The work festive party, that extra rounds of drinks we felt pressured to buy, the extra fuel we used traveling to visit relatives. December is often a time of excess, partying and gift giving. We might have spent more than we expected, and our bank balance may have taken a hit. In fact, the average household spends £720 more in December than other months of the year.

So here’s Laura Ellis from the financial education charity MyBnk with her top tips to tackle the New Year money hangover.

Set New Year’s Resolutions

Why not make a financial resolution for 2024? You could aim to build your savings or make a weekly budget for the new year including regular saving. You could even start saving now for guilt-free spending next December.

Consider a 0% credit card

You might be able to open a new credit card that offers a 0% transfer for a set period of time. This means you have a number of months where no interest is charged on new purchases. This can be a breathing space to get your finances in order before the time runs out.

Free gym in January?

Is their offer really free? That’s great, do it! Or do you have to sign up for a whole year to get a free first month?  A lot of people make a resolution to get fit in January but can’t keep the habit up. Before committing to a longer membership, make sure you will use it.

Cancel subscriptions

Look at your monthly/annual subscriptions. Do you use them? Do you need them? Can you afford them? If the answer is no, don’t keep paying for something you don’t need

Challenge yourself to Dry January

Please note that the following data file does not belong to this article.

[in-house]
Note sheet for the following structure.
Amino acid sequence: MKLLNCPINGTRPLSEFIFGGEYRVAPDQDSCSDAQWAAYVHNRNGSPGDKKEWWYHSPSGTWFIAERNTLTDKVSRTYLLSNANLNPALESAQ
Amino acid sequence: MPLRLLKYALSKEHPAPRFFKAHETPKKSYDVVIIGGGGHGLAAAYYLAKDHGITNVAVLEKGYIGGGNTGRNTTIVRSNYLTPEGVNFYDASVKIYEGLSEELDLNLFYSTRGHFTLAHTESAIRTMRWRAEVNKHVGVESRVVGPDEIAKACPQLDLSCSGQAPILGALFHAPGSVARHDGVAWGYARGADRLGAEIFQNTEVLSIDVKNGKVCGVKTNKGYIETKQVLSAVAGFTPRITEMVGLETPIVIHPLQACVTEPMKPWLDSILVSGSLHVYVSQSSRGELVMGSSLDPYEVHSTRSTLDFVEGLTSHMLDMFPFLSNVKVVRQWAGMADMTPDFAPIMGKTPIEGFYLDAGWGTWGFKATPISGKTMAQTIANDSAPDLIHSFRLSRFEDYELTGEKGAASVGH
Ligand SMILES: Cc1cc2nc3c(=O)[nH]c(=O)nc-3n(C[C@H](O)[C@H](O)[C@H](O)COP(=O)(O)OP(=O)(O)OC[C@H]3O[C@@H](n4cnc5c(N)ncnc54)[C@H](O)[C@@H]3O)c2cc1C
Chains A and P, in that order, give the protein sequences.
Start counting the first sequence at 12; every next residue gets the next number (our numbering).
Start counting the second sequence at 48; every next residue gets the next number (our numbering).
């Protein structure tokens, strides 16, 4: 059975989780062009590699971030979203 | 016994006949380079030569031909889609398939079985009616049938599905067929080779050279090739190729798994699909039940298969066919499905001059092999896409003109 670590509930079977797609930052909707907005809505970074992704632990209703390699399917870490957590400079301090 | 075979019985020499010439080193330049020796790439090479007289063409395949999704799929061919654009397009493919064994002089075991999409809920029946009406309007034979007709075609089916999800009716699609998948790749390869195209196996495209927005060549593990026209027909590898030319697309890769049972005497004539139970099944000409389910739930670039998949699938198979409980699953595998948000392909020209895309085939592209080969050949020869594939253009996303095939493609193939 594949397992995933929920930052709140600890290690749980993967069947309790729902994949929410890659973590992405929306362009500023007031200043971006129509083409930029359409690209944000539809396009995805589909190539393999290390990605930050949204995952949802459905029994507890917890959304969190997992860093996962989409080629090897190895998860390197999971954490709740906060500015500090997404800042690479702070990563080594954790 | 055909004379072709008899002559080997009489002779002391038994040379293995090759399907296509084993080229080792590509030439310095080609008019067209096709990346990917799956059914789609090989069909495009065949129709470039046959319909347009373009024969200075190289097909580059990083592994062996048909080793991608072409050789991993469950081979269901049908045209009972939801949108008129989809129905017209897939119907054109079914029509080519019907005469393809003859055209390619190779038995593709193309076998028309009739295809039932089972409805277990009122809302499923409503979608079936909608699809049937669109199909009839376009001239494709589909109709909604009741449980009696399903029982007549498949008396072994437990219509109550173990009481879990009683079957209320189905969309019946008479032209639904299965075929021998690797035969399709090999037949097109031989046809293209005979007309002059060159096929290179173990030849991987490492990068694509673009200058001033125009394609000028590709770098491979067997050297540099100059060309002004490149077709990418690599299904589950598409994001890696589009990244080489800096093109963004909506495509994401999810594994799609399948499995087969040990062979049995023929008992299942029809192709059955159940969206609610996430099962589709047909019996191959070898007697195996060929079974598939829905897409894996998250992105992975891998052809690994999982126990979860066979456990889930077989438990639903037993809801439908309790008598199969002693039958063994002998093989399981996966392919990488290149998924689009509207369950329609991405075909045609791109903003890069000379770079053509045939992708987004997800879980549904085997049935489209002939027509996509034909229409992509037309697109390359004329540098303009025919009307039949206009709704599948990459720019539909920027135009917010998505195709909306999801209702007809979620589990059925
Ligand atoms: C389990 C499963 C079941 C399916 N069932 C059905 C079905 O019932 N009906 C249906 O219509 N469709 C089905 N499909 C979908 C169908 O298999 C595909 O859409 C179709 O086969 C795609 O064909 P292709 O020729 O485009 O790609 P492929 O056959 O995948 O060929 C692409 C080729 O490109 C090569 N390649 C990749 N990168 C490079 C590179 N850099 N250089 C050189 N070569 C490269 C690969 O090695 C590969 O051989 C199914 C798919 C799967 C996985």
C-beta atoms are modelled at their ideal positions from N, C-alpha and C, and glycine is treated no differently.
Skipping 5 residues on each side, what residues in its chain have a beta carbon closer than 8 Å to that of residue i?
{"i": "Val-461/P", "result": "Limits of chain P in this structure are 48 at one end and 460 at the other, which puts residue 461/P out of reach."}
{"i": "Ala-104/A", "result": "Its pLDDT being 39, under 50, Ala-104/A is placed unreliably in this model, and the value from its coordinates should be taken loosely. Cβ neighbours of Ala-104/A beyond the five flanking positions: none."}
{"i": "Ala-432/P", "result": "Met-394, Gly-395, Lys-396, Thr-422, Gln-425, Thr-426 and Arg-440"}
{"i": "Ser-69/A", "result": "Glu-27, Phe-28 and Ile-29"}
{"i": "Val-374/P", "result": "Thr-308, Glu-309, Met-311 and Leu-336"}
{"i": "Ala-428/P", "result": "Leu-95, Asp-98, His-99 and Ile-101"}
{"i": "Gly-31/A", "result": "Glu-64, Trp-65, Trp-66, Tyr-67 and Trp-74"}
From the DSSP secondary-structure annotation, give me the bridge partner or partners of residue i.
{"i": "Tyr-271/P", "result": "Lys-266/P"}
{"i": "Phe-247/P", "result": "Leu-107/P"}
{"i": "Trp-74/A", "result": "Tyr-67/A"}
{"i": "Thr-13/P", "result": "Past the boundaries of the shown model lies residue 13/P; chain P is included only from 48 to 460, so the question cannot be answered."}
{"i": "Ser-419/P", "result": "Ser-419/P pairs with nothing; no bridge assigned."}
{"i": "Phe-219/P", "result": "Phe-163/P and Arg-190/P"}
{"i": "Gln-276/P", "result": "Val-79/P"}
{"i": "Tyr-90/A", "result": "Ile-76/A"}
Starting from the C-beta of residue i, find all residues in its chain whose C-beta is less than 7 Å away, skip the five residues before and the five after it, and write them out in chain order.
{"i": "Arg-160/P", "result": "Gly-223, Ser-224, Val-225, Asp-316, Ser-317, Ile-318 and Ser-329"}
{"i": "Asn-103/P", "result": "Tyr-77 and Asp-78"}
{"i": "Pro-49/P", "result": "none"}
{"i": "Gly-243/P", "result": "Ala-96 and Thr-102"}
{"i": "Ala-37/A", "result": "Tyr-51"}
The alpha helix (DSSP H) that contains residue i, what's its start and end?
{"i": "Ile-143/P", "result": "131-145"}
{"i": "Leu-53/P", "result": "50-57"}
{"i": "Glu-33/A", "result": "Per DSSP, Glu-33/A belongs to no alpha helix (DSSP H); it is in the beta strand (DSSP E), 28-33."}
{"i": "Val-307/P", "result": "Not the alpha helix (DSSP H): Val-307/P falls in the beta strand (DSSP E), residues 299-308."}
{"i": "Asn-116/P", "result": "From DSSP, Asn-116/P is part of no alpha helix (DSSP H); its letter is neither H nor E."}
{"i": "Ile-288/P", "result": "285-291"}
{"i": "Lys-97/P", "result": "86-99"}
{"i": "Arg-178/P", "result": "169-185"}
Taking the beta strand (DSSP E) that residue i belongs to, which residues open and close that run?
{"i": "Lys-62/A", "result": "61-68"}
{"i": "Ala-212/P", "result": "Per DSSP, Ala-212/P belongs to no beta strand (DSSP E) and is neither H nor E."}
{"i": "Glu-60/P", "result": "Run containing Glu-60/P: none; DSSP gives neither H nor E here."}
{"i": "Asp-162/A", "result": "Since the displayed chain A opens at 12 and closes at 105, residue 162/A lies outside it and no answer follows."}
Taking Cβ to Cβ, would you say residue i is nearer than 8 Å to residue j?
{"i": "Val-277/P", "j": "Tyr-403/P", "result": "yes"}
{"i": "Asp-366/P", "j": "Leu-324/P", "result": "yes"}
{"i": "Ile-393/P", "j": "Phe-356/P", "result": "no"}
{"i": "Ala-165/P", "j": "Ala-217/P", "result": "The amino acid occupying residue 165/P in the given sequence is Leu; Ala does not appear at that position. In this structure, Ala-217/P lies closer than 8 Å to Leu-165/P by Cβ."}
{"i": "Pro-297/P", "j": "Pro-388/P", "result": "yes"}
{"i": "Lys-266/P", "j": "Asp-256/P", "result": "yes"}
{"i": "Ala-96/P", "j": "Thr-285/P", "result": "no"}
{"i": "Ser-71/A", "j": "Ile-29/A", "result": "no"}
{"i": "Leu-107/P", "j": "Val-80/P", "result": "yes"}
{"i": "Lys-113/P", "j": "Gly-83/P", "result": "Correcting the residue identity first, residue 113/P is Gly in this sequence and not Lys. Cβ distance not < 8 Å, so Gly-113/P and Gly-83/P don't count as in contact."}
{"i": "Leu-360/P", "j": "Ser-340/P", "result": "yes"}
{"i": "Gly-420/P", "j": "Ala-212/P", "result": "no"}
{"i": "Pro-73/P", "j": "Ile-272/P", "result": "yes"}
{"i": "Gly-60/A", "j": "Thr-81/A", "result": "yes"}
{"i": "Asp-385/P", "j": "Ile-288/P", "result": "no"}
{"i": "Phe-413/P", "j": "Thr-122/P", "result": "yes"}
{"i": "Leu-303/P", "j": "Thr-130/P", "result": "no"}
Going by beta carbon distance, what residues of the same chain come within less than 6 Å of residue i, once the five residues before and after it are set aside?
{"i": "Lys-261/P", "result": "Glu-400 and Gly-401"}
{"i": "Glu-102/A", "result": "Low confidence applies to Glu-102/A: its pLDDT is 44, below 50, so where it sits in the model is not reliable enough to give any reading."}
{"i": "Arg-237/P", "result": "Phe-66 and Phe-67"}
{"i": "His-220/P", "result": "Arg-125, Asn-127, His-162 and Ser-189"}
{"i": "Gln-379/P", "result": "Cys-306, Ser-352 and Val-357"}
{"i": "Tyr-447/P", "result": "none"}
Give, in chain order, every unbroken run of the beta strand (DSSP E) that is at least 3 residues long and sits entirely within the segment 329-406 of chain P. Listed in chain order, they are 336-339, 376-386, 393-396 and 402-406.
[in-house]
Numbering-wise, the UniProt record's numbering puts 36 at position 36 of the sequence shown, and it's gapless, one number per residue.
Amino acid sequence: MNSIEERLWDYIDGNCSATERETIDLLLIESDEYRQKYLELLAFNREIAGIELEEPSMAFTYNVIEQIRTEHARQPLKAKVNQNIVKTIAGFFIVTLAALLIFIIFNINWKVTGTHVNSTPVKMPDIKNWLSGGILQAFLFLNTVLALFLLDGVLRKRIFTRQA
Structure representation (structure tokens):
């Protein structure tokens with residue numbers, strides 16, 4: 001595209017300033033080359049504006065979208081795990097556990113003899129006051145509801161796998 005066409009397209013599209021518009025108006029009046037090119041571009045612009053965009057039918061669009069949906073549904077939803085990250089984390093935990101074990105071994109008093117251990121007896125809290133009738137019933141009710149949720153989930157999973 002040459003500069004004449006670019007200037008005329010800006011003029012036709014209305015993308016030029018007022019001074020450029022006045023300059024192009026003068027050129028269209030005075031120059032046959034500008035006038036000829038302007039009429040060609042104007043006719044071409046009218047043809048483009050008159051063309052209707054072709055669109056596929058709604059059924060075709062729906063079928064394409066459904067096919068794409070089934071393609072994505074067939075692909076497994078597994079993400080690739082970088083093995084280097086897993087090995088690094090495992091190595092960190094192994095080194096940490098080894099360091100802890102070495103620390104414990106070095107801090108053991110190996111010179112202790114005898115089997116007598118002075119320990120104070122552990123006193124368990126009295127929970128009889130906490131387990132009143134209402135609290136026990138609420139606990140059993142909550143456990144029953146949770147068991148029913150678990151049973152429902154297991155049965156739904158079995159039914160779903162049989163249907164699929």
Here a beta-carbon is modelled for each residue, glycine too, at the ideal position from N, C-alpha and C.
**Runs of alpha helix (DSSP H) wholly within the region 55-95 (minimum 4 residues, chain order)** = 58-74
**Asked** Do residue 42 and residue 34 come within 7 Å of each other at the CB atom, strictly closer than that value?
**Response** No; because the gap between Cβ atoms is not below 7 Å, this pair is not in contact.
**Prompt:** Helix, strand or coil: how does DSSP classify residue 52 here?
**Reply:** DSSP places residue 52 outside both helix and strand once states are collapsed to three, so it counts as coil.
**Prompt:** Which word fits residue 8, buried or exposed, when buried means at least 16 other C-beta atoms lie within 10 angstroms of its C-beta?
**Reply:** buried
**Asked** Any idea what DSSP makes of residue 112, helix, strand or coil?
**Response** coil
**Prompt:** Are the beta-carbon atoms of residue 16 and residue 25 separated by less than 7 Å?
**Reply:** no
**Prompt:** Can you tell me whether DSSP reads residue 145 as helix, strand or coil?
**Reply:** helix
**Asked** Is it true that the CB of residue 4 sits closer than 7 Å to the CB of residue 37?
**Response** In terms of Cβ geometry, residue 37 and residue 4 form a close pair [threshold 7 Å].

Not only is it going to be good for your body, but it’s also good for your bank balance. What better excuse to avoid going out and spending more?

Beware of January sales

Don’t get sucked into the hype. Every TV or Internet advert will be pushing you to spend. Remember, if you don’t need it, it isn’t a bargain

Get out in nature

Wrap up warm and head out for walks with family or friends. Wherever you live, there’s usually some open space you can enjoy for free, whether that’s the local park, woodland, or beach. You could even download a free PDF nature scavenger hunt to take it to the next level. 

Visit free museums

Local museums and libraries often have free activities for children and young people, such as art and story sessions. And for adults they can be an interesting (and warm) place to spend an afternoon reading books, magazines and papers for free.

Try out a low-cost date

Keeping an eye on spending doesn’t mean you need to sacrifice date night. For those with children, why not exchange babysitting services with a relative or friend? Some cinemas have a 2 for 1 night (take your own snacks if you can – to save money). What about fish and chips on the beach, a picnic in the park on a nice day, or a supermarket meal deal for two?

MyBnk is a charity that delivers expert-led financial education programmes to schools and youth organisations in the UK. Together with young people, they have created innovative, high impact and high energy workshops that bring money to life. MyBnk delivers programmes for 7-25 year olds. To book a fully-funded MyBnk session, please email laura.ellis@mybnk.org.